One of our new friends who has been attending our Ruhi study circles came along with one her young relatives. Ayyam-i-Ha with its gifts all around has got to be the favorite of the kids; the old custom offers Santa, the Badi' system offer the Supreme Being Himself, raw, unexpurgated, hard core. There were suggestions for changes in the venue but we did it the way we have in past years, slipping into autopilot -- perhaps dangerously in view of the possibility of rituals creeping in. We had a gift exchange like this: first the kids get their presents and open them. Then for the elders, a big pile of pot luck presents (costing not more than five bucks) in the middle, then go around the room each taking one present, keeping it unopened. Then we go around the room giving each a chance to exchange with someone else, and they are obliged to accept the exchange. Still, one is wise not to try it with the younger members of the community, who are likely to burst out in tears.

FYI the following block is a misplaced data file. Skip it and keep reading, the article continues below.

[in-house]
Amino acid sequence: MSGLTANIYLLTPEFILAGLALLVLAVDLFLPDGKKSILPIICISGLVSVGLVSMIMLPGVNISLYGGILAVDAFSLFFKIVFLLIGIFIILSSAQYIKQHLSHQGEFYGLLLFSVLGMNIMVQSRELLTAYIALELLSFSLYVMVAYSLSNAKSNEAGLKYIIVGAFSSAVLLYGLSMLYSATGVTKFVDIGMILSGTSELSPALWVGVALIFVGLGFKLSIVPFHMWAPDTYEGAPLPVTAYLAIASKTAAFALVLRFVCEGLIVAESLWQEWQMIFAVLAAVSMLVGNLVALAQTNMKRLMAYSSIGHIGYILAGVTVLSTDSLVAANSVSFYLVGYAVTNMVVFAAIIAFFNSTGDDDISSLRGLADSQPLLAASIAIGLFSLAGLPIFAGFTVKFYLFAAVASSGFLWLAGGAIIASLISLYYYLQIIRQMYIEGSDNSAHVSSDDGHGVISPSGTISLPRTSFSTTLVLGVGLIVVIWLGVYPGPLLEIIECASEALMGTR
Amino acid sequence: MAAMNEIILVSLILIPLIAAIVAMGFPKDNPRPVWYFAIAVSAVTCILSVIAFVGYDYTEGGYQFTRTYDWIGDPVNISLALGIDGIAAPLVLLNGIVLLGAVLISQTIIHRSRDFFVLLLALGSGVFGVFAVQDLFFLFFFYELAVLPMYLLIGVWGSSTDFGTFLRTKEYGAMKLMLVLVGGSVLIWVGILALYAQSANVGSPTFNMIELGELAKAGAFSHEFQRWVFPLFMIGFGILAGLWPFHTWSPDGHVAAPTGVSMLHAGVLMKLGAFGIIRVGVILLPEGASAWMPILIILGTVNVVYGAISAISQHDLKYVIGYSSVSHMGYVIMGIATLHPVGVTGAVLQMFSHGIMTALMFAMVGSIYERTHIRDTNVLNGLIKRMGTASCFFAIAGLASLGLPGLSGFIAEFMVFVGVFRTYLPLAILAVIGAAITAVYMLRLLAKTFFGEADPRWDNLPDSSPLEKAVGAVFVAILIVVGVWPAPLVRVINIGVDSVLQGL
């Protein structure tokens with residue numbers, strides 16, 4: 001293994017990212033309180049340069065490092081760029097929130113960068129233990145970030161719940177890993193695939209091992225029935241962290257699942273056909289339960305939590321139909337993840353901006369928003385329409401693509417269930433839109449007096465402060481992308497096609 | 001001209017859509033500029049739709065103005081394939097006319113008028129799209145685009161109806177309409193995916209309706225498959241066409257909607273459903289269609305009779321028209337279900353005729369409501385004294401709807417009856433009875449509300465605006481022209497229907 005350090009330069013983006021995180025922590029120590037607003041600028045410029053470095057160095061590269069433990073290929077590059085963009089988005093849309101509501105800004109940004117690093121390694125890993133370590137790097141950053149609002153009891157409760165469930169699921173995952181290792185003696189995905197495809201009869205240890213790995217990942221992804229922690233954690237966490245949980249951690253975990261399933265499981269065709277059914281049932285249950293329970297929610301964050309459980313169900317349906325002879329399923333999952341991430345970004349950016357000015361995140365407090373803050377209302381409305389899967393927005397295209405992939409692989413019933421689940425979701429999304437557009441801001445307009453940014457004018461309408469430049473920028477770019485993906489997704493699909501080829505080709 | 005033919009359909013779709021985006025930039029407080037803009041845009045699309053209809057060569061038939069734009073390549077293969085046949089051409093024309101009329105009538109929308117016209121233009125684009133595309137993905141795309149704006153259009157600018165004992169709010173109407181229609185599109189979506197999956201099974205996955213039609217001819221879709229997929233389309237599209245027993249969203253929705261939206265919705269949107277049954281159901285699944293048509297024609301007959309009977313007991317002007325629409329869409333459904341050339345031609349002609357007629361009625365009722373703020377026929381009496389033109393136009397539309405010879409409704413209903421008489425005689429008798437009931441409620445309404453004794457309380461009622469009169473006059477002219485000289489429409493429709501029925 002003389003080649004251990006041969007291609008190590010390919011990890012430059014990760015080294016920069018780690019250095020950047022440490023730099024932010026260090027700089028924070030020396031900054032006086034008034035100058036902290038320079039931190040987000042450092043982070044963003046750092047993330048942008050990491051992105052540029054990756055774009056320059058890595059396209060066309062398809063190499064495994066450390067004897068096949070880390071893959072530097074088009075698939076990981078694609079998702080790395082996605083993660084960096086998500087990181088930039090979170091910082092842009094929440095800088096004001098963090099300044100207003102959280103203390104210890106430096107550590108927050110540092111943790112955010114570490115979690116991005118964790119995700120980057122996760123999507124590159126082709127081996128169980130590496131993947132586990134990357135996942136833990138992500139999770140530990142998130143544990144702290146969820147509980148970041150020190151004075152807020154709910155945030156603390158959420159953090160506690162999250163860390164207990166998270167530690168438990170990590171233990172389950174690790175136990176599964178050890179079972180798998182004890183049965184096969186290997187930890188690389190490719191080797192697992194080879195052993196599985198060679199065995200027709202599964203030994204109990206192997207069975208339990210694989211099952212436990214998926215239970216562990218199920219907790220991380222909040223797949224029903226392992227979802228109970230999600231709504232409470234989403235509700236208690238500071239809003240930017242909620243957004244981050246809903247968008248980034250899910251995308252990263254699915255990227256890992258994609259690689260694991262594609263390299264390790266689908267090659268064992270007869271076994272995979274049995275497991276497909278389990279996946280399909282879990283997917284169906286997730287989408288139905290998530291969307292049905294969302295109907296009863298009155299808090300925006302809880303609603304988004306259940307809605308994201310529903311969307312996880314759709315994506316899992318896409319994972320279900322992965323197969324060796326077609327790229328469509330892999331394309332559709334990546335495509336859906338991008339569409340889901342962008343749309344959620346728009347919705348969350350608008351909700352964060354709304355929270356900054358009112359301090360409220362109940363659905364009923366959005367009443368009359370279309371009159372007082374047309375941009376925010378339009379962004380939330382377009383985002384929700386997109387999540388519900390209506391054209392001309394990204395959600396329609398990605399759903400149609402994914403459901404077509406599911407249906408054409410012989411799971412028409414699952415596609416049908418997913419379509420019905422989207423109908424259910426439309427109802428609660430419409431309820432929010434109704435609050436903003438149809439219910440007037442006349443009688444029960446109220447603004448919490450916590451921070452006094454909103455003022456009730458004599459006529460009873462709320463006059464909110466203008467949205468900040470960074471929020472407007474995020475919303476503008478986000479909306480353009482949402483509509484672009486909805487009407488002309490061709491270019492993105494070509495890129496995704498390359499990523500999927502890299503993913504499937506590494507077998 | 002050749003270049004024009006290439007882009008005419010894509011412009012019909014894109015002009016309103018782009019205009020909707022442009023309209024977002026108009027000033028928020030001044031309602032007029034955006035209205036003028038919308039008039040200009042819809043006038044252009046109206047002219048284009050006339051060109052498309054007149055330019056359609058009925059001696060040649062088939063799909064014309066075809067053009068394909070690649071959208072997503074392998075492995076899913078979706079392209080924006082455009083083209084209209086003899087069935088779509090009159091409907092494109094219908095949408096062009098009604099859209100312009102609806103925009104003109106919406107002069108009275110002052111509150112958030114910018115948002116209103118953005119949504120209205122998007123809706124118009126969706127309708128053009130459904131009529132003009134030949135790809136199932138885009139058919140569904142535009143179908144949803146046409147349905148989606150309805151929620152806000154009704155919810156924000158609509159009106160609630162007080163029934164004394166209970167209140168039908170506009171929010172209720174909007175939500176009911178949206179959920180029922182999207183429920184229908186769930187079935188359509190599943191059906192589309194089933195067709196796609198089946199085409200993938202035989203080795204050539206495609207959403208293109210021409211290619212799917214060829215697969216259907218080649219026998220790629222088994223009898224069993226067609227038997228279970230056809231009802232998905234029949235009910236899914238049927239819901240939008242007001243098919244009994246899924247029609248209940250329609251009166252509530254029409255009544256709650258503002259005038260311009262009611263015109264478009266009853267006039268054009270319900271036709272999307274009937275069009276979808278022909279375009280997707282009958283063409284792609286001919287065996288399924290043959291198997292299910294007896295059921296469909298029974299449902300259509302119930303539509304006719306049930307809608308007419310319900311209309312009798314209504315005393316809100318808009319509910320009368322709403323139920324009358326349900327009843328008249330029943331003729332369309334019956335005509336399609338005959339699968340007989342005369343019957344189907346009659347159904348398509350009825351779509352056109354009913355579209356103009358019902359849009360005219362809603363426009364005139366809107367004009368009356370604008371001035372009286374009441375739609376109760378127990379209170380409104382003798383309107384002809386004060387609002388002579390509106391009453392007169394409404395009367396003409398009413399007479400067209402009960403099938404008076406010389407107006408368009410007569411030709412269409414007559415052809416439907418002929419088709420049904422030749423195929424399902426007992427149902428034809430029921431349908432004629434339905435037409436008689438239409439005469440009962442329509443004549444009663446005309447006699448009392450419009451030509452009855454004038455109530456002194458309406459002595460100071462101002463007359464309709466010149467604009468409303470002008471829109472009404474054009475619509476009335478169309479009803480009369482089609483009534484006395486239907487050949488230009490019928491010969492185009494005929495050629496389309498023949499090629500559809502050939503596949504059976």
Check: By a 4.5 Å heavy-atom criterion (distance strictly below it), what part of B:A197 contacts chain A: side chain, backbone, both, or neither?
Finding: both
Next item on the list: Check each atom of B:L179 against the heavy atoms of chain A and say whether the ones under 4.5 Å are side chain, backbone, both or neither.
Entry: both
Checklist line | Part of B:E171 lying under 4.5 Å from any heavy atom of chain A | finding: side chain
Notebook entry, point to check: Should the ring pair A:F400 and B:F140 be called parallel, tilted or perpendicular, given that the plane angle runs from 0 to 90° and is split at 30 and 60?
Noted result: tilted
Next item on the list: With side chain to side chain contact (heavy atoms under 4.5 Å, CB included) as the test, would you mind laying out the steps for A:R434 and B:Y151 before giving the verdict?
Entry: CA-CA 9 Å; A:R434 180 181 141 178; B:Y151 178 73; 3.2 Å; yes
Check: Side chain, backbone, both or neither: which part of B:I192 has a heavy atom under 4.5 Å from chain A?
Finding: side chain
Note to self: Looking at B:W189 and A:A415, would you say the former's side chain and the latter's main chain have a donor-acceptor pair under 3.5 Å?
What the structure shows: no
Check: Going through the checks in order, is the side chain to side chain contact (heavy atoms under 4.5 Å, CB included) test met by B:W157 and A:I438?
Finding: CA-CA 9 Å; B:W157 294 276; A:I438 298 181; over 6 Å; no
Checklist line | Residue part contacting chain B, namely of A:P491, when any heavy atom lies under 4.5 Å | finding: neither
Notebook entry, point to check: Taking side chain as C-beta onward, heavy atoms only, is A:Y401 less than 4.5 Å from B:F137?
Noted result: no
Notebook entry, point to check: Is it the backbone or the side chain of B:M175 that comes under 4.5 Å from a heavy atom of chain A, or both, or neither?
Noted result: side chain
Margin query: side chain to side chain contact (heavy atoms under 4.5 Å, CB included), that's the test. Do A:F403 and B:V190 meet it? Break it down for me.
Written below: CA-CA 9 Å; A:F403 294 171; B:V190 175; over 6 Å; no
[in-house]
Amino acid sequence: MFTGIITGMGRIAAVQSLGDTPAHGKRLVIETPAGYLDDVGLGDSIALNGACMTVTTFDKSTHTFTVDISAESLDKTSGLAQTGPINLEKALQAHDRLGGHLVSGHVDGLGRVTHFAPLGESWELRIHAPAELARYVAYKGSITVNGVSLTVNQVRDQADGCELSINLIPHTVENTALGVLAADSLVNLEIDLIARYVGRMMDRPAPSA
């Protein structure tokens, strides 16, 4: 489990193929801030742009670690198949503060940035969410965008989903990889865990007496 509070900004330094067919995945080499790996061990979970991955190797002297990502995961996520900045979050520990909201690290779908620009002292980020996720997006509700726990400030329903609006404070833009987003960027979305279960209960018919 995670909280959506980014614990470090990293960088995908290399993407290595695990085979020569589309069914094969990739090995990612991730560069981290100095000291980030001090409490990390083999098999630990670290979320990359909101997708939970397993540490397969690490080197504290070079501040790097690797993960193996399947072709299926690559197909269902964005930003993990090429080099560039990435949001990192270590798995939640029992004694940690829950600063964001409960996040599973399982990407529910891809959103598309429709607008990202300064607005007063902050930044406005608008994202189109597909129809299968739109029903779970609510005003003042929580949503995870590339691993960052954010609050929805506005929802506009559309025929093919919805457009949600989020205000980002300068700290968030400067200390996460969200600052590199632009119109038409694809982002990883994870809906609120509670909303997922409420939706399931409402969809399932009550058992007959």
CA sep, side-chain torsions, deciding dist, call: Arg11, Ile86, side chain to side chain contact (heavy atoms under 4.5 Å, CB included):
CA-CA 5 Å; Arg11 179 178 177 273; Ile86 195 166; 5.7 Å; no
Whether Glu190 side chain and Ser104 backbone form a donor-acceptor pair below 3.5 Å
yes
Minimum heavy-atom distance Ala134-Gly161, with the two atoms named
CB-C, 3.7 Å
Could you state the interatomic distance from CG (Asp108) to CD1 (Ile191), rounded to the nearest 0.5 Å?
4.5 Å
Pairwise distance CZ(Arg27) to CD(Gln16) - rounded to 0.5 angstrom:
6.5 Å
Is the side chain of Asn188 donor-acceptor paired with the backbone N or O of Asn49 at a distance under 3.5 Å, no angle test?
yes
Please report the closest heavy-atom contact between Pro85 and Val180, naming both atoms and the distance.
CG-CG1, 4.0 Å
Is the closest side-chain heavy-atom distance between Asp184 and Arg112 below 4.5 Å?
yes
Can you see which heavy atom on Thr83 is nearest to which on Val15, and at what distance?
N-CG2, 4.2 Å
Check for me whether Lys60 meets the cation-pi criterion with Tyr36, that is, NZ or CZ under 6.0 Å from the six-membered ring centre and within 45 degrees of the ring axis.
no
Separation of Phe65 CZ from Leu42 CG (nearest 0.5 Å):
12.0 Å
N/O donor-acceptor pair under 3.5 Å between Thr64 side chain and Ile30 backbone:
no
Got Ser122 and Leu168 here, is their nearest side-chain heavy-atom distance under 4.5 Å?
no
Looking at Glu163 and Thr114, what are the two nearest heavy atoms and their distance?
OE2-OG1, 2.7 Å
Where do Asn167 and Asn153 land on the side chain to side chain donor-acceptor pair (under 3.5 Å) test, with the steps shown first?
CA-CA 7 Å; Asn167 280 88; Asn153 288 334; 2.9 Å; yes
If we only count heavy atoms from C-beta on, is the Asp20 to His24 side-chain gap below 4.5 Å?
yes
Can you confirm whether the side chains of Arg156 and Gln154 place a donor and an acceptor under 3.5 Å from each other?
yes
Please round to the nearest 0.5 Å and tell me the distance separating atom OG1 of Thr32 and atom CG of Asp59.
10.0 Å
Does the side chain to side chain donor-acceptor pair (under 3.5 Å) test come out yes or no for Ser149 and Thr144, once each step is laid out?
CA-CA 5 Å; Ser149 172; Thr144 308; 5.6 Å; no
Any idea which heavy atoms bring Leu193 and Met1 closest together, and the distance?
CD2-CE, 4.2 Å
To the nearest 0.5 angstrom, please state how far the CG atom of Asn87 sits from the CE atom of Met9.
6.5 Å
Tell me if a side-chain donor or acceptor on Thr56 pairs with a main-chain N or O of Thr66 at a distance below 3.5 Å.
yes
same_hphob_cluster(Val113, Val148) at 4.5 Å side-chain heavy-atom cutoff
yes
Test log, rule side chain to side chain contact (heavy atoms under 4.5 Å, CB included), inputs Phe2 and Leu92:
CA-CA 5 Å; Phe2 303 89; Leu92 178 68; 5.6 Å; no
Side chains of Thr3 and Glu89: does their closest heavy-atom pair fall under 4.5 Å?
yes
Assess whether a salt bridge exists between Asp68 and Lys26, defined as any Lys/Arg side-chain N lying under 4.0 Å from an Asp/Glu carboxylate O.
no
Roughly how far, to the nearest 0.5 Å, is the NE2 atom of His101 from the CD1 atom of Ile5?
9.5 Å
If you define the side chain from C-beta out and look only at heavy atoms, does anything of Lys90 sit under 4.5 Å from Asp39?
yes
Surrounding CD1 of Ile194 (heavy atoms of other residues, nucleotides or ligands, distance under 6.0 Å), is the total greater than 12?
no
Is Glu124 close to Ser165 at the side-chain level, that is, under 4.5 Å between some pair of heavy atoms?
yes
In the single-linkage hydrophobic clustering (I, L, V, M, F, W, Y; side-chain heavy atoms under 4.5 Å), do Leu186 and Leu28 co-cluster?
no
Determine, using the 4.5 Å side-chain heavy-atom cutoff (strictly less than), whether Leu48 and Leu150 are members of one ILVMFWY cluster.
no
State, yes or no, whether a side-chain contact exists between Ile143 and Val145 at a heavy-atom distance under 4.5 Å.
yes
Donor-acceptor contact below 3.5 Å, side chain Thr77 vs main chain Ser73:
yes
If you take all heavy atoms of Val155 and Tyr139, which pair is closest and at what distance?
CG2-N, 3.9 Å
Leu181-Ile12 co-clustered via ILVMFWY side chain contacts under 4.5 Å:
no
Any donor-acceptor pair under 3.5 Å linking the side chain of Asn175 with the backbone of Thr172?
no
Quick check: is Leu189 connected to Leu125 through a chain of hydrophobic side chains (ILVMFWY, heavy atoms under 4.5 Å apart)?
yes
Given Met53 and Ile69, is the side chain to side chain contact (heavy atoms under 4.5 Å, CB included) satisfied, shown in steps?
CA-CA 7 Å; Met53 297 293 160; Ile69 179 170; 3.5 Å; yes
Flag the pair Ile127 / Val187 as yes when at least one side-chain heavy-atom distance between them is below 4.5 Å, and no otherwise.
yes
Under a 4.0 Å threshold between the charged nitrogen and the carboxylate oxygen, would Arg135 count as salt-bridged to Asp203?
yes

Now that I am healthier, with grand mal attacks become rare, I am correspondingly busier this year. I no longer empty out my to-do list than it fills up again. I had this brainstorm idea for my less than five dollar gift to the community. I would print out individual portraits of community members that I have taken over the years and give them out in the exchange in the form of an album. A photofinisher at Fortinos in
So I delegated the present buying and wrapping to Marie. The result was that when it came to pick out a gift from the center of the room I had no idea if it was one of ours or came from outside the family. I asked Marie across the room if I had chosen one of our presents and she refused to tell me. Her opinion was that it mattered not if I got a present from myself. No, I insisted, speaking in sign language, I need to know. To get my own gift would be as immoral and wrong and mostly unfun as incest -- call it gift-giving incest. She stubbornly refused to say, shouting, "It does not matter." But her body language had indicated that I had chosen one of our gifts. Finally, Gail Emberson, sitting next to me, took pity and when it came time for her to change presents chose to exchange mine for hers. Thus was I saved from committing an incestuous gift-receiving act.